This is a blog post by Eric Peacock of MyAutismTeam.
This past Sunday morning I was in Seattle at the US Autism & Asperger Association Conferenceand fortunate enough to catch a panel on “Siblings of People with Autism.” The Panel had five young, neuro-typical men and women ranging in age from 14 to 27, each of whom have siblings on the autism spectrum. I was impressed by the poise, sense of humor, courage and wisdom of this panel and just wanted to pass on a few pointers for parent that I took away from the panel.Open up a channel of communication with your neuro-typical child – All 5 panelists understand that their parents need to spend more time with their sibling on the spectrum, and don’t really seem to resent that fact. They just want to occasionally be asked how they feel about all of it. And it’s not really a time for you to talk. “Don’t feel you have to lecture or provider more answers…just listen.” Just asking about it let’s the child know it’s ok for them to talk and even voice complaints about their situation or feelings.
- Talk about bullying – It’s a typical sibling instinct (for both girls and boys) to jump into the thick of things to defend their sibling on the spectrum from bullying. So they’ll do it, but often it’s a scary or uncomfortable feeling. Sometimes just a word from you like, “If you see your brother being bullied at school, find a teacher and tell them about it” – will remind them they don’t have to take on all that responsibility by themselves. At a minimum, they may pause to notify someone to get help before they step in. For other tips on how to proactively prevent bullying please check out “IEPs, IPads and Bullies – 10 Tips from a Dad Who Has Been There”
- Start planning early- for when your child on the spectrum becomes an adult, AND for when you are no longer able to watch over him. There were several talks on this topic over the weekend at the conference. In a country where most Americans haven’t properly prepared for their own retirements, let alone that of a special-needs child, this is a daunting topic . As your neuro-typical kids become young adults they’ll start to think and worry about this, and be prepared to talk about it. One woman on the panel already knows that she would be her brother’s legal guardian should anything happened to her parents. Others weren’t sure what kind of plan was in place. The comment that took the cake (and brought tears to my eyes) was when the 14-year old girl on the panel said, “Well, I’m still a little young to be thinking about what will happen when my parents die, but I’ll take care of my brother.”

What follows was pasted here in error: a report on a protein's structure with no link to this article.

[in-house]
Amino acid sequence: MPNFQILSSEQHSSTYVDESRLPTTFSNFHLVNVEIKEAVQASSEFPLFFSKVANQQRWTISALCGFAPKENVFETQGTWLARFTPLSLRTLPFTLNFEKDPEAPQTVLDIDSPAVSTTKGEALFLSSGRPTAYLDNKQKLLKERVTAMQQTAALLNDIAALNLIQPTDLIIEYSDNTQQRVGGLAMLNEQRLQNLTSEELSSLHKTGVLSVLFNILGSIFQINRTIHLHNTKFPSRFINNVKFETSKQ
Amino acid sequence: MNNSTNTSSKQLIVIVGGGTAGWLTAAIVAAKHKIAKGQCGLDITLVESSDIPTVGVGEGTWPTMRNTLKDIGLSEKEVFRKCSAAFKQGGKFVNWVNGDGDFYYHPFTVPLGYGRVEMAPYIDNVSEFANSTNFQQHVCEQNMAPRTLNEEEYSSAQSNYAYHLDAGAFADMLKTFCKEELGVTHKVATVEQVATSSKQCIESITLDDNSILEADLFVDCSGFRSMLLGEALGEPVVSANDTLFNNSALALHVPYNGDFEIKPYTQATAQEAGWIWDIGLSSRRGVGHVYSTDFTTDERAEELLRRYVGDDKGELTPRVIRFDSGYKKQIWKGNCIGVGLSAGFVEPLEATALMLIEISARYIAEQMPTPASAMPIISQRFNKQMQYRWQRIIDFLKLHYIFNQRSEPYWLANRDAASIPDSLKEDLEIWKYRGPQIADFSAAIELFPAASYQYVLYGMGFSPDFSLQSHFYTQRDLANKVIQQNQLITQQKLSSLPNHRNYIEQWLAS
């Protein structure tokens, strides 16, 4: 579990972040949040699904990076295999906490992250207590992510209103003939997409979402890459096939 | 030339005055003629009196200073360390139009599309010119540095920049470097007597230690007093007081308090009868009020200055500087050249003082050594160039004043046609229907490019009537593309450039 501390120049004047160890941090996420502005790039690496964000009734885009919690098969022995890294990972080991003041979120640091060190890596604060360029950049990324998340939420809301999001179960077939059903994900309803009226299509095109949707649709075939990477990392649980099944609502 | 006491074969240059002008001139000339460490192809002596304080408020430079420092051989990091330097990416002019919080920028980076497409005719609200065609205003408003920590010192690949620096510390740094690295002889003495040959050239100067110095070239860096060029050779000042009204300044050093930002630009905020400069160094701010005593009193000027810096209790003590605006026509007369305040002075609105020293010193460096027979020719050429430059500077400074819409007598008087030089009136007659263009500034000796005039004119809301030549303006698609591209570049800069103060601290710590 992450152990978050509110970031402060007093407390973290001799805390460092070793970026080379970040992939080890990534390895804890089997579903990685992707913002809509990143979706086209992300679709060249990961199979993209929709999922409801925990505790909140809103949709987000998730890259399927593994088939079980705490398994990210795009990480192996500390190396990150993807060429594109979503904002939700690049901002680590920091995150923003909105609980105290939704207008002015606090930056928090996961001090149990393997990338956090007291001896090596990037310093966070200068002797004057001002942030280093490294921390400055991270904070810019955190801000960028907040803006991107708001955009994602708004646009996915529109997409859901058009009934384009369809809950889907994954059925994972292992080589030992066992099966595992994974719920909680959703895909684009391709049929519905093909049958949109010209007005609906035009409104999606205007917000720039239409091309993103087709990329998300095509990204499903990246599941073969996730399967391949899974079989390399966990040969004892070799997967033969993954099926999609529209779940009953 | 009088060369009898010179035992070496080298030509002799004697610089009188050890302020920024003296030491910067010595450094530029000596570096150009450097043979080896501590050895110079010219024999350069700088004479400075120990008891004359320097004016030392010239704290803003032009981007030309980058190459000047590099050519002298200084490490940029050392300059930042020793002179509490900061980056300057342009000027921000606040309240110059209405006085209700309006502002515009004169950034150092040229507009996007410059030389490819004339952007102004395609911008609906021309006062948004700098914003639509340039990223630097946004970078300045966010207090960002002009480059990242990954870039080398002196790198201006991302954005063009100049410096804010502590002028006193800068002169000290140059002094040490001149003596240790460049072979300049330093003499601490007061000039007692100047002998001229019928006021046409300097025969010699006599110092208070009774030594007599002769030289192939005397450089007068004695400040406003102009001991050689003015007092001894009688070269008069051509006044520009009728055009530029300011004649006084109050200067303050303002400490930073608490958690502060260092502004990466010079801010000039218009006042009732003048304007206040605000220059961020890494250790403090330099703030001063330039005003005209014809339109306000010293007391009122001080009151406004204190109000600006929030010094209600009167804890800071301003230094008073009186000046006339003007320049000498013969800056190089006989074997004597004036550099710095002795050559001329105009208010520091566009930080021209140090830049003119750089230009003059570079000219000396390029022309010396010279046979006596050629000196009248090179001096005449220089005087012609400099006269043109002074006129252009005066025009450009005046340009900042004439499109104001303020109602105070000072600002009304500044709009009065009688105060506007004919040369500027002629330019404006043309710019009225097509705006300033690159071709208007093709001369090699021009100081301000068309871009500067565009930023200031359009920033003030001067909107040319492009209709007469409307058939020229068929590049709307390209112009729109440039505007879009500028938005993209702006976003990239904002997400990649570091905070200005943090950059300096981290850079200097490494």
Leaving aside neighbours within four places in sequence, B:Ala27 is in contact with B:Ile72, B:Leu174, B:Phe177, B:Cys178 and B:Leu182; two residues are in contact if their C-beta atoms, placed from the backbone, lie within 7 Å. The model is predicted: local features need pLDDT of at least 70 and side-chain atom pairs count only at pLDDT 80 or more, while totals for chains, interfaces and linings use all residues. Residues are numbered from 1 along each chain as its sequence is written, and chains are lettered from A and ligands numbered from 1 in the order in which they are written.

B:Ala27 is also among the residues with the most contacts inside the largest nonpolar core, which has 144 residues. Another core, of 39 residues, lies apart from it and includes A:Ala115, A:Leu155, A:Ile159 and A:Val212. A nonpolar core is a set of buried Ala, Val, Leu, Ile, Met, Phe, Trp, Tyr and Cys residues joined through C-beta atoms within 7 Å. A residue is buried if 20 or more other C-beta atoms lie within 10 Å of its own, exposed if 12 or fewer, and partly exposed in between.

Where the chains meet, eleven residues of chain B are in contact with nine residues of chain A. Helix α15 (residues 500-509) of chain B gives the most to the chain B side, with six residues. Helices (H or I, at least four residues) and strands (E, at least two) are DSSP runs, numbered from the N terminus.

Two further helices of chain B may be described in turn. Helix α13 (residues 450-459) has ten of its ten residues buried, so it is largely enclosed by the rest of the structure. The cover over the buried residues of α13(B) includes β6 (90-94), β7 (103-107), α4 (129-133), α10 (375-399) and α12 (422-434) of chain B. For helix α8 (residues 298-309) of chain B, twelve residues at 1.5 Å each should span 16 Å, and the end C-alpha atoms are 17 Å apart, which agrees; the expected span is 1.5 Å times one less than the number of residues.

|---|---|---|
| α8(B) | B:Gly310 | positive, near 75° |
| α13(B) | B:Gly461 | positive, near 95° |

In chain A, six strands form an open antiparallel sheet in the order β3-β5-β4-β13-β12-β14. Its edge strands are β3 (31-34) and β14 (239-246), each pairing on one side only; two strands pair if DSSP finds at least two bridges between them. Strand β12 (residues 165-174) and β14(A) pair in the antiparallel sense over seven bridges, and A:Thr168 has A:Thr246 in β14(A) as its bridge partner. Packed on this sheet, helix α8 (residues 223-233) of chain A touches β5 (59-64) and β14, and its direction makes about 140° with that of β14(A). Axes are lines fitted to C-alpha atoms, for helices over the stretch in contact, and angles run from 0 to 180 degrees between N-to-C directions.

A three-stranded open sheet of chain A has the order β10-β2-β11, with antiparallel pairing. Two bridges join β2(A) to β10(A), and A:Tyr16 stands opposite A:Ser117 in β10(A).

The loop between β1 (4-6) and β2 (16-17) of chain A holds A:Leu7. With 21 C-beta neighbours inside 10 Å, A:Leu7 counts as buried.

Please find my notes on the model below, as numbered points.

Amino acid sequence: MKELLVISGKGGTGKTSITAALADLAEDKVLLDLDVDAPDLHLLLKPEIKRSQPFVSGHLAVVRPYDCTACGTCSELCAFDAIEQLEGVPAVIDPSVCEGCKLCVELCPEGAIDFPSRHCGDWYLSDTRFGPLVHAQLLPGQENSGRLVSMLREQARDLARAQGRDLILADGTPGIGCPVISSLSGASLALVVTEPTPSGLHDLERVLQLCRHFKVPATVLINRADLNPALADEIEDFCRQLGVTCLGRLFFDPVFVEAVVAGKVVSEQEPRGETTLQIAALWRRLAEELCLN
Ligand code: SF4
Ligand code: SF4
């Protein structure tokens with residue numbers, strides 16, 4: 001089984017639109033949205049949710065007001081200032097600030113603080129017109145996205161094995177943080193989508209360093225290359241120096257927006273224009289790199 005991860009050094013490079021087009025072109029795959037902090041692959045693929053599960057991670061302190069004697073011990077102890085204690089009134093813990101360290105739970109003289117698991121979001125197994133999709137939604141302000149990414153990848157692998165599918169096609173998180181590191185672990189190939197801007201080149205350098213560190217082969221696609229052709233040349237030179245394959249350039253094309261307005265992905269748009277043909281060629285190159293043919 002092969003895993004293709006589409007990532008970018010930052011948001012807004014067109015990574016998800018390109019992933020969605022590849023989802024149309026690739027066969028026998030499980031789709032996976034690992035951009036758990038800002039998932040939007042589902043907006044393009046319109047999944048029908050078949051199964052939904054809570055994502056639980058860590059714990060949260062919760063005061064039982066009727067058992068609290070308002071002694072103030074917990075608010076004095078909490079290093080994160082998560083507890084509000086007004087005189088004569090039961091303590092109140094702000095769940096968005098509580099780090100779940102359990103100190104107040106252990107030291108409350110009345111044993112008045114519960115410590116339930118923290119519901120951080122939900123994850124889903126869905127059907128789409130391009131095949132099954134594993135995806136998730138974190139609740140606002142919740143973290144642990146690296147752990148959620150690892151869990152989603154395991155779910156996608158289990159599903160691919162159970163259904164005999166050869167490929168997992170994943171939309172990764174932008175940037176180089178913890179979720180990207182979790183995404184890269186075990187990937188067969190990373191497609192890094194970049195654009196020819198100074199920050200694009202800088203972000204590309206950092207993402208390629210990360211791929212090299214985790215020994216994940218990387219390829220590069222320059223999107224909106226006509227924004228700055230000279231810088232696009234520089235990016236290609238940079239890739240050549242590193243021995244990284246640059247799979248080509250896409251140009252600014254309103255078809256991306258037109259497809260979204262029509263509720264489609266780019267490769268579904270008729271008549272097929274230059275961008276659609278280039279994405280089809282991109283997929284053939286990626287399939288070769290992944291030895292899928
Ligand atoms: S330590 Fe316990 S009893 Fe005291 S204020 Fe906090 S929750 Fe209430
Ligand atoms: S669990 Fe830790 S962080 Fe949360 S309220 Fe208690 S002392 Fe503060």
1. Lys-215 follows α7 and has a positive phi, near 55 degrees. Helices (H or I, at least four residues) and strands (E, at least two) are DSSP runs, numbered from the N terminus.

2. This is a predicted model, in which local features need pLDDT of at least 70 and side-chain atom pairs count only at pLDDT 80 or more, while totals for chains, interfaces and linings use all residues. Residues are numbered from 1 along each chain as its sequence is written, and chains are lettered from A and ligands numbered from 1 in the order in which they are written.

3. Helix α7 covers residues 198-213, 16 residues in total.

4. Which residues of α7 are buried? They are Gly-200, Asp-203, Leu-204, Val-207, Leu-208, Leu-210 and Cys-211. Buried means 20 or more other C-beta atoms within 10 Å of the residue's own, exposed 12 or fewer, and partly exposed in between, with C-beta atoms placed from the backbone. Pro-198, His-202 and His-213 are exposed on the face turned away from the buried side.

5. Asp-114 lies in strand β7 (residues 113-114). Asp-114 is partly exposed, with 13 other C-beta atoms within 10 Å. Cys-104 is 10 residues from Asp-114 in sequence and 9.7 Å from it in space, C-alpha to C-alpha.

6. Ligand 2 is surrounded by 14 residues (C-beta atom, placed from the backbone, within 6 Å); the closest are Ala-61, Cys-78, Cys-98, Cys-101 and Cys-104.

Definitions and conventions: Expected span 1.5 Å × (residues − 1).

- Preparing their friends – As kids, and young adults, most panelists became accustomed to giving an “Autism 101” talk to their friends before they first meet a sibling on the spectrum – just to let them know what to expect. One woman told a hysterical story about her little brother Mikey who went through a phase when he was younger. I paraphrase, “Mikey was really into rain boots…… Just rain boots. One time I had my first boyfriend over the house and Mikey walked in wearing nothing but his rain boots.” – On a more serious and actionable note, many parents are now going into their kid’s first-grade classrooms to explain autism, so that kids (and their teachers) get a better understanding of this early on in life.
- The “R” word – Related to the above, one word that really can be upsetting to people is any derogatory / casual use of the word “retarded”. They often have to explain to their friends why that is upsetting.
- “Pockets of normalcy” – At some point your kids may seek “pockets of normalcy” – times when they can experience life as though they didn’t have a sibling on the spectrum. This may lead them – when they are old enough – to spend more time at their friend’s house than at yours. “Our house was always a mess and crazy. I spent most of high school at friend’s houses.”
Click here to download the Sibling Support Tool Kit. This tool kit is for children who have a brother or sister diagnosed with autism. Though the guide has been designed for children ages 6-12, the information can be adapted as needed to other age and education levels. The guide is written in an interactive format so parents and siblings can set aside some quiet time to read the guide together. The intention is to create an opportunity for siblings to focus on their feelings, reactions to their sibling’s diagnosis and get information about autism.